Like Douglas Hobbie’s first novel, BLOOMFELL, his second, THE DAY, concerns the intricacies of the marriage of an educated, upper-middle-class couple. The main character, Jack Fletcher, is an architect married to Gwen Wells, the youngest of three sisters, the oldest of whom, Clare, has committed suicide, and the middle of whom, Penny, hosts the Wells family’s Thanksgiving dinner each year.
The most recent of these dinners is the occasion for the novel’s setting in semi-rural Connecticut and for the plot, which is a mixture of what the Wellses and their spouses and children do on this Thanksgiving, and of Jack’s memories of Clare and his need to rekindle hope and sexual passion in his life.
Besides Penny and her husband Peter, a financial consultant, and their children Mary, Becky and Bo, and Jack and Gwen and their children Kate and Sam, the guests include Mary’s friend Liz from college, and Patricia and Curly Wells, Penny and Gwen’s parents. In an elegantly notational style, Hobbie presents the accumulation of small details that constitute the occasion that brings all these characters together—from the eighteenth century graveyard on the property, to the Rumford fireplace in the house, to how some of the characters hint at trouble in their lives. For example, Penny weeps in Jack’s arms in the kitchen, Curly tells him on the porch how overwhelming the universe is, and Jack and Liz pet in the woods on the property. For all...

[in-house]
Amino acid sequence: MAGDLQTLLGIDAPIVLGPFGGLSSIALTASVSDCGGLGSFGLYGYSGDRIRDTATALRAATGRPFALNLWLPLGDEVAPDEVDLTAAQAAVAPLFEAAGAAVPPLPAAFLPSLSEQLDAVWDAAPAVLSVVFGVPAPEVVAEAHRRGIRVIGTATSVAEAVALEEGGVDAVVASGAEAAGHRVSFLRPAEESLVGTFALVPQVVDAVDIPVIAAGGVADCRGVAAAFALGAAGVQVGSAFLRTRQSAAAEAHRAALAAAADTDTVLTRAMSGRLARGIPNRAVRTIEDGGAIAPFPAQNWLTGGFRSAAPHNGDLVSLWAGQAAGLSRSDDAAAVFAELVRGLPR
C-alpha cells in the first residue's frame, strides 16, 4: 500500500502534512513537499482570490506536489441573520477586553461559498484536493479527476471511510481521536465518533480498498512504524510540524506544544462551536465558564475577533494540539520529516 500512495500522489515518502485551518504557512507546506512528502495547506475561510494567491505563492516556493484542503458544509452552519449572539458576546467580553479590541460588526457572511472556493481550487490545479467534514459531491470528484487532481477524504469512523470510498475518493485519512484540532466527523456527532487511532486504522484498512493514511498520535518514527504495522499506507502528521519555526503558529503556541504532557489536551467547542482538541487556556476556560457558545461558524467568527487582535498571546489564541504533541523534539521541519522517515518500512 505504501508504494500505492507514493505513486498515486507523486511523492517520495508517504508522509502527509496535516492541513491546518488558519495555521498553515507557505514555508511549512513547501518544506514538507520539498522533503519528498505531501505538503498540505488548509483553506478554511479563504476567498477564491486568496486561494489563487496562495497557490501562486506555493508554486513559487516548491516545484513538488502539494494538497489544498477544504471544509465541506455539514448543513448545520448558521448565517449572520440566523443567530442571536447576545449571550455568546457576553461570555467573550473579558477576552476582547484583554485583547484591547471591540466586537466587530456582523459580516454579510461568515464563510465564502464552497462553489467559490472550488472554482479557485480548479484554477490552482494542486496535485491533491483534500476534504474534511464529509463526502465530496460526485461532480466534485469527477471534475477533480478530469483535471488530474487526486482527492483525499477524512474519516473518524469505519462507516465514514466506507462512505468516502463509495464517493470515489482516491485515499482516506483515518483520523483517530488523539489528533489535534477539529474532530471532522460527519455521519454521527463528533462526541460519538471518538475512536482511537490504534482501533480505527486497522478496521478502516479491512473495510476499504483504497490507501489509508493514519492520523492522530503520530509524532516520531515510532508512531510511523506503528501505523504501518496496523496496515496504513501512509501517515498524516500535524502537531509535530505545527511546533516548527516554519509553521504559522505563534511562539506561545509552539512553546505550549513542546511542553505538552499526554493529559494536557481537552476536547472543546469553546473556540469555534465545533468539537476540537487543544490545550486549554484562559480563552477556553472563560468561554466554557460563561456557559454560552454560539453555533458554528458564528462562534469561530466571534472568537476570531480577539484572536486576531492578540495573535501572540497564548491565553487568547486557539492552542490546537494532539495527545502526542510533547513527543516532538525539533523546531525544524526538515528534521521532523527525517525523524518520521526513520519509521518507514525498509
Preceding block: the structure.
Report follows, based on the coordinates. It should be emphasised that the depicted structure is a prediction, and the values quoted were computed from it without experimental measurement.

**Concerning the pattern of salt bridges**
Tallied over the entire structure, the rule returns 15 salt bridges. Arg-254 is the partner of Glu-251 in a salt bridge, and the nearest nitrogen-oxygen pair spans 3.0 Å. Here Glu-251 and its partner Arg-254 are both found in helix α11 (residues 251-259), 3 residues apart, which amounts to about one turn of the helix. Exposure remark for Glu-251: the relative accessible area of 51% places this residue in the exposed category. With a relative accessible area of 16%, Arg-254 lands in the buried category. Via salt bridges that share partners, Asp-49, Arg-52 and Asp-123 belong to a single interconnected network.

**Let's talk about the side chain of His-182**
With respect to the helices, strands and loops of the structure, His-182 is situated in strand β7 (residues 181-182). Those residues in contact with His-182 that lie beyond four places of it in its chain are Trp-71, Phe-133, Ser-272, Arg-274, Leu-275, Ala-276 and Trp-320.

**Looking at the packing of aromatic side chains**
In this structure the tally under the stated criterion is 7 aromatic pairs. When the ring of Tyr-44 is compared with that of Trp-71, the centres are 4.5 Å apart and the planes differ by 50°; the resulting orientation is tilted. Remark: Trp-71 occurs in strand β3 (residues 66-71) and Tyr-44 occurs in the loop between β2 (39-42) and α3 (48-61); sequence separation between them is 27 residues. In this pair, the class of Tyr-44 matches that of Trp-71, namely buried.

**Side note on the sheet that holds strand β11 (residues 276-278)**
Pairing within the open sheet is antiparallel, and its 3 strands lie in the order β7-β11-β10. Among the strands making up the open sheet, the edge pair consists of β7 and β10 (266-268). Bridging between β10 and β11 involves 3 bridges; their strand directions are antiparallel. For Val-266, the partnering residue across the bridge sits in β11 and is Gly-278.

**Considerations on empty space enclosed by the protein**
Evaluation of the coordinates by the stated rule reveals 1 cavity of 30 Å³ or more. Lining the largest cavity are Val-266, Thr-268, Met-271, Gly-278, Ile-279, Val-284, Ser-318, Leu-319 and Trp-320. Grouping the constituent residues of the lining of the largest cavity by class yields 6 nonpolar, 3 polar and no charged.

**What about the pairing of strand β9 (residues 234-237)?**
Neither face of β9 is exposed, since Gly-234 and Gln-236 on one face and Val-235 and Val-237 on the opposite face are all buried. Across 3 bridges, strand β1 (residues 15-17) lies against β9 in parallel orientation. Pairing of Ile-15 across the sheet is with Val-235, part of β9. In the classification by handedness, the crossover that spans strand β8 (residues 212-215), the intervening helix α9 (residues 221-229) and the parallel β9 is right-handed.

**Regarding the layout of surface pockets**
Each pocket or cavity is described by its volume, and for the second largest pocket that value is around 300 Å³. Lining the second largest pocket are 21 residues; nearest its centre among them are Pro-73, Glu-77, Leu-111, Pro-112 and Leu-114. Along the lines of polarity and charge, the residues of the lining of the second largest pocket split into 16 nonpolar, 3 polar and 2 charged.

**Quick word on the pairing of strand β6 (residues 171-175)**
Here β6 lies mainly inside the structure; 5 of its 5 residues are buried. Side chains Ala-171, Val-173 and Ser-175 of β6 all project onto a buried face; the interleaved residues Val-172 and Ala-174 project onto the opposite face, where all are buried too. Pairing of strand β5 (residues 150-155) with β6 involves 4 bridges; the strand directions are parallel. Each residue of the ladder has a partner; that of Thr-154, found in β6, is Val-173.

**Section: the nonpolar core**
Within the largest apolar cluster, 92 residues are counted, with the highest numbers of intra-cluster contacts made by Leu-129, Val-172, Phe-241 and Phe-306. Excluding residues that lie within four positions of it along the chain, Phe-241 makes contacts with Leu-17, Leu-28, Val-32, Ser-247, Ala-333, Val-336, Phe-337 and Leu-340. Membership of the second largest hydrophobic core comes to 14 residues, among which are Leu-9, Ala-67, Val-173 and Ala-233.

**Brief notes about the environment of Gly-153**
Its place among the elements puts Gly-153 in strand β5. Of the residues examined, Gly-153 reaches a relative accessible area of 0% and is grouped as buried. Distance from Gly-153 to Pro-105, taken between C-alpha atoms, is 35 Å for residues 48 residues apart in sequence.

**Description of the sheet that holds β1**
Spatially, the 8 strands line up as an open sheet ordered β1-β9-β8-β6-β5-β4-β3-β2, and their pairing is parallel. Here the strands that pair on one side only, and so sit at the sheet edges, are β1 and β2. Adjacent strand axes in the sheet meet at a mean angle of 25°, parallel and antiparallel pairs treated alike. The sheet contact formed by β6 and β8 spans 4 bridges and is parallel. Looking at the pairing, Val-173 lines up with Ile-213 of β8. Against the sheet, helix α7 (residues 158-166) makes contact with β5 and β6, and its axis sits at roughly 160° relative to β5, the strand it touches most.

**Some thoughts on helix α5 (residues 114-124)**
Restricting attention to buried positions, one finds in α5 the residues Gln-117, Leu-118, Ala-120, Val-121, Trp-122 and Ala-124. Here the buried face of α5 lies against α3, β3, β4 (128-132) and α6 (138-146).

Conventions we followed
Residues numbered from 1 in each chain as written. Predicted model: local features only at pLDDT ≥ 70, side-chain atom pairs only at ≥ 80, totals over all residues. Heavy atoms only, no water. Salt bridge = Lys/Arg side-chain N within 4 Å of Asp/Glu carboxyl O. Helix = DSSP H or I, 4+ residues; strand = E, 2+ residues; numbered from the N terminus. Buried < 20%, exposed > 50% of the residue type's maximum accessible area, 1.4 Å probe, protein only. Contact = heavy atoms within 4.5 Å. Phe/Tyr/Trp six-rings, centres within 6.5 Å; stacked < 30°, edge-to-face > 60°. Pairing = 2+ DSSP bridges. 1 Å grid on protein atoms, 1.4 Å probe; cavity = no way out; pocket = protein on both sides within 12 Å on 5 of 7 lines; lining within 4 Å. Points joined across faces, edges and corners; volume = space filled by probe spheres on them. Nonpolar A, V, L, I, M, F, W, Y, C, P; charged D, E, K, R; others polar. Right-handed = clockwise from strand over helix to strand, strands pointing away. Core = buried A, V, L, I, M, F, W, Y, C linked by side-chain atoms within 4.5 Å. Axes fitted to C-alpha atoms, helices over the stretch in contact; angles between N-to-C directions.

(The entire section is 513 words.)